Impact of Sex and Age on Misclassification of Cardiovascular Risk in RA

Male doctor explaining results to middlea-ged female patient in hallway
Female sex and younger age are contributing factors to cardiovascular risk, yet many algorithms to predict cardiovascular disease do not give these much weight in their estimations.

In patients with rheumatoid arthritis (RA), younger age and female sex are potential contributing factors to underestimated cardiovascular (CV) risk, according to study results published in Arthritis Research & Therapy.

Studies have shown that patients with RA are at an increased risk for cardiovascular disease (CVD); however, the available algorithms to predict CVD, such as the Systematic Coronary Risk Evaluation Score (SCORE), underestimate the risk in this patient group.

The objective of the current study was to determine the contribution of age and sex to the misclassification of CV risk in patients with RA.

Investigators used data on CV risk factors and incident events from the Nijmegen early RA inception cohort, with a follow-up of 10 years or less. They used SCORE and the European Alliance of Associations for Rheumatology-modified SCORE algorithm for the prediction of CV risk.  The Hosmer-Lemeshow (H-L) test was utilized to check the concordance between the observed and predicted risk in subgroups according to sex and age.

The study included 863 patients with RA, including 128 patients (mean age, 61.2±10.2 years; 52% women) with a CV event recorded during follow-up, and 735 patients (mean age, 53.2±13.6 years; 68% women) with no history of CVD during the course of the study.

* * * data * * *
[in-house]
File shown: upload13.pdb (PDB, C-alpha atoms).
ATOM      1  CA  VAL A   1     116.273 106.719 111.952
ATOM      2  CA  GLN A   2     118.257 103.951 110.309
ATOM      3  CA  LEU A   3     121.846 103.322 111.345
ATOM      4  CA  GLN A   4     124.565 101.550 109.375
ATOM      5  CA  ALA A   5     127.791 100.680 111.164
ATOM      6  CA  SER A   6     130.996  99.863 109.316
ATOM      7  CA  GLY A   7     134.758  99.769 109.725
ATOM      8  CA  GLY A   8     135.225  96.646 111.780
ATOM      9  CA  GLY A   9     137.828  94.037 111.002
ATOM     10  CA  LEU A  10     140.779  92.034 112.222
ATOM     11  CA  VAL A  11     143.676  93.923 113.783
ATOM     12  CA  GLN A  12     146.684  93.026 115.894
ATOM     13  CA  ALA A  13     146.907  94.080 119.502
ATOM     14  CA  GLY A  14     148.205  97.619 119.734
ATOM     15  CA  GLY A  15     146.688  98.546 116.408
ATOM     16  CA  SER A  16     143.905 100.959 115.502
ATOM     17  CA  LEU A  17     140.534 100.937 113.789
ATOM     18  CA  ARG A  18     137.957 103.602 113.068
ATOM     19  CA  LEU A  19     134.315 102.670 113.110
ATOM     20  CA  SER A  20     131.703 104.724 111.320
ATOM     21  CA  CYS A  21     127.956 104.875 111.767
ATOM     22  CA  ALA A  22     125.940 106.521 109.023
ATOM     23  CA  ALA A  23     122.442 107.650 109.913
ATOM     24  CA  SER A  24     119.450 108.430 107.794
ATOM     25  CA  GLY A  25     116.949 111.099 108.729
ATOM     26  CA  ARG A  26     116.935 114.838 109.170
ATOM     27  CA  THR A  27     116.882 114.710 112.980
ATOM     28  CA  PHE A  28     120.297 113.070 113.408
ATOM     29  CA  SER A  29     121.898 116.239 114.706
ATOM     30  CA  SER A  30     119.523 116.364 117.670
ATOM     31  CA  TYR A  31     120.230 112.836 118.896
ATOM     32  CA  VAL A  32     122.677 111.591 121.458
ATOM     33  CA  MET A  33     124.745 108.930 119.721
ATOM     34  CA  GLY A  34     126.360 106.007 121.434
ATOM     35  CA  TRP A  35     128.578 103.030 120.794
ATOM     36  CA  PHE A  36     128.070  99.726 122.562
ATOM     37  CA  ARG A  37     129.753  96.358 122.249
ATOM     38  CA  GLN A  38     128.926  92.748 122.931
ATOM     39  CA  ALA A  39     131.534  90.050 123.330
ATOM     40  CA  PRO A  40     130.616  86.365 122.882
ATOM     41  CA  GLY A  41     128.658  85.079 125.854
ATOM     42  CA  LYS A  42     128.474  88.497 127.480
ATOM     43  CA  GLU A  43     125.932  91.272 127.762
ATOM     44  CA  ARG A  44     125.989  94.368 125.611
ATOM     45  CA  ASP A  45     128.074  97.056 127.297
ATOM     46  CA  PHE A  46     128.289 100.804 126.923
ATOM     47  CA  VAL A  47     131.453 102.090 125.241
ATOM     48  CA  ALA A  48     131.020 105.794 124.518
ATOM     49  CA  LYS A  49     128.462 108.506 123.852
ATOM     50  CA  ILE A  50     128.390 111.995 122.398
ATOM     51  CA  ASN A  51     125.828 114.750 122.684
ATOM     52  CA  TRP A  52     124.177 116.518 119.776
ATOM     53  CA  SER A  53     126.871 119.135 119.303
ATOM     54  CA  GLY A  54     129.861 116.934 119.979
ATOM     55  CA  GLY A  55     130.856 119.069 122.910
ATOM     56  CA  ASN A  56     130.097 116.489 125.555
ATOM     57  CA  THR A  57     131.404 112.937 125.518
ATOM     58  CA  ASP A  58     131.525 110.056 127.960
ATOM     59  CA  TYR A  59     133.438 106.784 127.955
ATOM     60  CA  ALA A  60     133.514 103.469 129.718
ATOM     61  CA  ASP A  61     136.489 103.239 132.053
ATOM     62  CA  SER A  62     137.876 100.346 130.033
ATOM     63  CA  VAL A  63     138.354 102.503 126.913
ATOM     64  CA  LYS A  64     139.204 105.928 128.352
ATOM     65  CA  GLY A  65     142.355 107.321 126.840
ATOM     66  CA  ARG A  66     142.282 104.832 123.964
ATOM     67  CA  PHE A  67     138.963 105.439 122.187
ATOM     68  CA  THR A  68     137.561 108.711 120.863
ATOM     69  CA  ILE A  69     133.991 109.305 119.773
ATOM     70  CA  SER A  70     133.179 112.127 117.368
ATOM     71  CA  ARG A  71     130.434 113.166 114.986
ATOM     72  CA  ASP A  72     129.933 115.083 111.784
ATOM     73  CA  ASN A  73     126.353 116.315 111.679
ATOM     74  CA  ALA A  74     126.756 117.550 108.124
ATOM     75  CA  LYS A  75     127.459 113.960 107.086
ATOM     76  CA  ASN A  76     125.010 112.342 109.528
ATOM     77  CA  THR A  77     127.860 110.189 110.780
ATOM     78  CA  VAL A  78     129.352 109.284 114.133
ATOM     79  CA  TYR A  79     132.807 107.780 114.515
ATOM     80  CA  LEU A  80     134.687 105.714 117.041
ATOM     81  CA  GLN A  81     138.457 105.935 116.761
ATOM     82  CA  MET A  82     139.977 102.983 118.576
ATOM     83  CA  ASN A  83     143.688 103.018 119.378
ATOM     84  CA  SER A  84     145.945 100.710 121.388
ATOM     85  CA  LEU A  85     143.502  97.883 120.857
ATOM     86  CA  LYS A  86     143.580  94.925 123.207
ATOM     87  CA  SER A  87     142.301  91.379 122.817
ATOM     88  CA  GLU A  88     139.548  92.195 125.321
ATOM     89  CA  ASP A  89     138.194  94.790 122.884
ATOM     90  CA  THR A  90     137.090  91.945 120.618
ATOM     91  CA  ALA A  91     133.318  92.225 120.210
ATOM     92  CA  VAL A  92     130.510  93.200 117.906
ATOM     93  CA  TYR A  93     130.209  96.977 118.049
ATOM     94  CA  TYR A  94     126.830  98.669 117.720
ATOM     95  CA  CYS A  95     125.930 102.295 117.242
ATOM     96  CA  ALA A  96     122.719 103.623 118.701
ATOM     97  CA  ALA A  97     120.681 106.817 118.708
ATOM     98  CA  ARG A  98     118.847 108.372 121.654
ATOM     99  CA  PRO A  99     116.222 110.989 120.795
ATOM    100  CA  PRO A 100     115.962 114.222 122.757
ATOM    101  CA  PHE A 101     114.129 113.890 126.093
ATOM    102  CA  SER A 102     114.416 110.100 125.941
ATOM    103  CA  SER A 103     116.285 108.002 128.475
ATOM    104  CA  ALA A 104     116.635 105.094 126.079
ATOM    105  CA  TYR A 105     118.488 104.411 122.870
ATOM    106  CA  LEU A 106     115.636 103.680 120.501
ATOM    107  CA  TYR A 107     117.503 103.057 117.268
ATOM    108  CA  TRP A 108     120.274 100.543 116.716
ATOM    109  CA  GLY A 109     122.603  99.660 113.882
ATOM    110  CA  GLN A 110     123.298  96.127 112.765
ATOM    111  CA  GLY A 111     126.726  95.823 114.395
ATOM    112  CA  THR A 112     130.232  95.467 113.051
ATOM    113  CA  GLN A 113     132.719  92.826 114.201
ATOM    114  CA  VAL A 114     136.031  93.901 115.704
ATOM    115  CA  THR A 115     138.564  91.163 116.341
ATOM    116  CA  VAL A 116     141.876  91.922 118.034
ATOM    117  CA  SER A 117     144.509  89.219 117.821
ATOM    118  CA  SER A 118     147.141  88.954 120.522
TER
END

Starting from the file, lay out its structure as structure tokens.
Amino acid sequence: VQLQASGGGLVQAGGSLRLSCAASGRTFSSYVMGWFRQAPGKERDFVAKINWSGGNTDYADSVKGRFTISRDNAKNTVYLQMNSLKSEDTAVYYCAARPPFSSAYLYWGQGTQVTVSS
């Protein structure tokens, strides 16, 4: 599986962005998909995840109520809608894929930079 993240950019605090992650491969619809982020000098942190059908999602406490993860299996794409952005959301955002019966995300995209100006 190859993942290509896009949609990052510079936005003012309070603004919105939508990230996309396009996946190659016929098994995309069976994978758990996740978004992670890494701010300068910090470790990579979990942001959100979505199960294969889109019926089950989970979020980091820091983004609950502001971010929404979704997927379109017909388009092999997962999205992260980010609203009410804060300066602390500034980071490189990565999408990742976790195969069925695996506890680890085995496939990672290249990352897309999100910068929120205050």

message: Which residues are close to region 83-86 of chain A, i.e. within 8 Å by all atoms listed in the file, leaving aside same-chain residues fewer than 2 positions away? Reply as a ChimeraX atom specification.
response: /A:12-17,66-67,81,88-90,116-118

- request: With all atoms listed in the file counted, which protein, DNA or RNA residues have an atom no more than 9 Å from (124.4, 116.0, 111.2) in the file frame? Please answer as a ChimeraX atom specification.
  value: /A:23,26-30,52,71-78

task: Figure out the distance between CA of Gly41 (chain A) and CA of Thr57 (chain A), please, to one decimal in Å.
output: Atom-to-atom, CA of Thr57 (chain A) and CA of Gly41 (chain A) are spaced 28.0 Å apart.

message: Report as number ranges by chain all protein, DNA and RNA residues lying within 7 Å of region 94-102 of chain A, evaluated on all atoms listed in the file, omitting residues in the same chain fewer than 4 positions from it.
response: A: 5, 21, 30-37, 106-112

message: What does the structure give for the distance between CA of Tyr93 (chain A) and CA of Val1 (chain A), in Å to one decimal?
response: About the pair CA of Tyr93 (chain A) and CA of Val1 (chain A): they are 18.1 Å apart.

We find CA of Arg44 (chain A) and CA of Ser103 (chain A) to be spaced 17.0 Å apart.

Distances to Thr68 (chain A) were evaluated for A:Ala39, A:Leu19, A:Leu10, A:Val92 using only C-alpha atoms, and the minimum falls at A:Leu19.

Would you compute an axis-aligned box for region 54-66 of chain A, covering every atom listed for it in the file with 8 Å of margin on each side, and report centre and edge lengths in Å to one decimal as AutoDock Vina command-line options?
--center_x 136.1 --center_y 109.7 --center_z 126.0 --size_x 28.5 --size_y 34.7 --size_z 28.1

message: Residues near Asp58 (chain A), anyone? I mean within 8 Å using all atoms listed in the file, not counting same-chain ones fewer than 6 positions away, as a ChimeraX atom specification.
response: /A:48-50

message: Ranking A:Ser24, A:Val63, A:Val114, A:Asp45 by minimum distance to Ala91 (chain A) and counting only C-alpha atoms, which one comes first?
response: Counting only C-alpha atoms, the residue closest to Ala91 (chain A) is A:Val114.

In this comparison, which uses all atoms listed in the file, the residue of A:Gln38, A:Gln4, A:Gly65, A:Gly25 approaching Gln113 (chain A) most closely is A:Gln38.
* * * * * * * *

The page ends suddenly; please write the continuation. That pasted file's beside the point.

In the total cohort, there was a discrepancy between predicted and observed CV risk (H-L test P <.003) when the SCORE algorithm was used, especially in the subgroup of women (H-L test P <.001) rather than in the subgroup of men (H-L test P =.09).

Among women who developed CVD, more than a third (36%) had a low predicted CV risk (<10%). In contrast, only 10% of men who developed CVD had a low predicted CV risk, it was noted. The results were similar when the researchers applied a modified SCORE.

Patients aged 55 years or younger reported discrepancy between predicted and observed CV risk (H-L test P < .001), but older patients did not. The calculated underestimation of CV risk was highest in the youngest patients with RA (5.3% predicted vs 8% observed). Once again, the results were similar when the researches applied a modified SCORE.

The study had several limitations, including the relatively small sample size, inclusion of patients before implementation of CV risk management, and missing data on nonsteroidal anti-inflammatory drugs and corticosteroids

“[T]he results of our study suggest that the incidence of CVD among women and young RA patients initially assigned to the low-risk category is higher than predicted using current algorithms. Consequently, the CV risk in these subgroups seems underestimated,” concluded the researchers.


Rohrich DC, van de Wetering EHM, Rennings AJ, et al. Younger age and female gender are determinants of underestimated cardiovascular risk in rheumatoid arthritis patients: a prospective cohort study. Arthritis Res Ther. 2021;23(1):2.  doi:10.1186/s13075-020-02384-9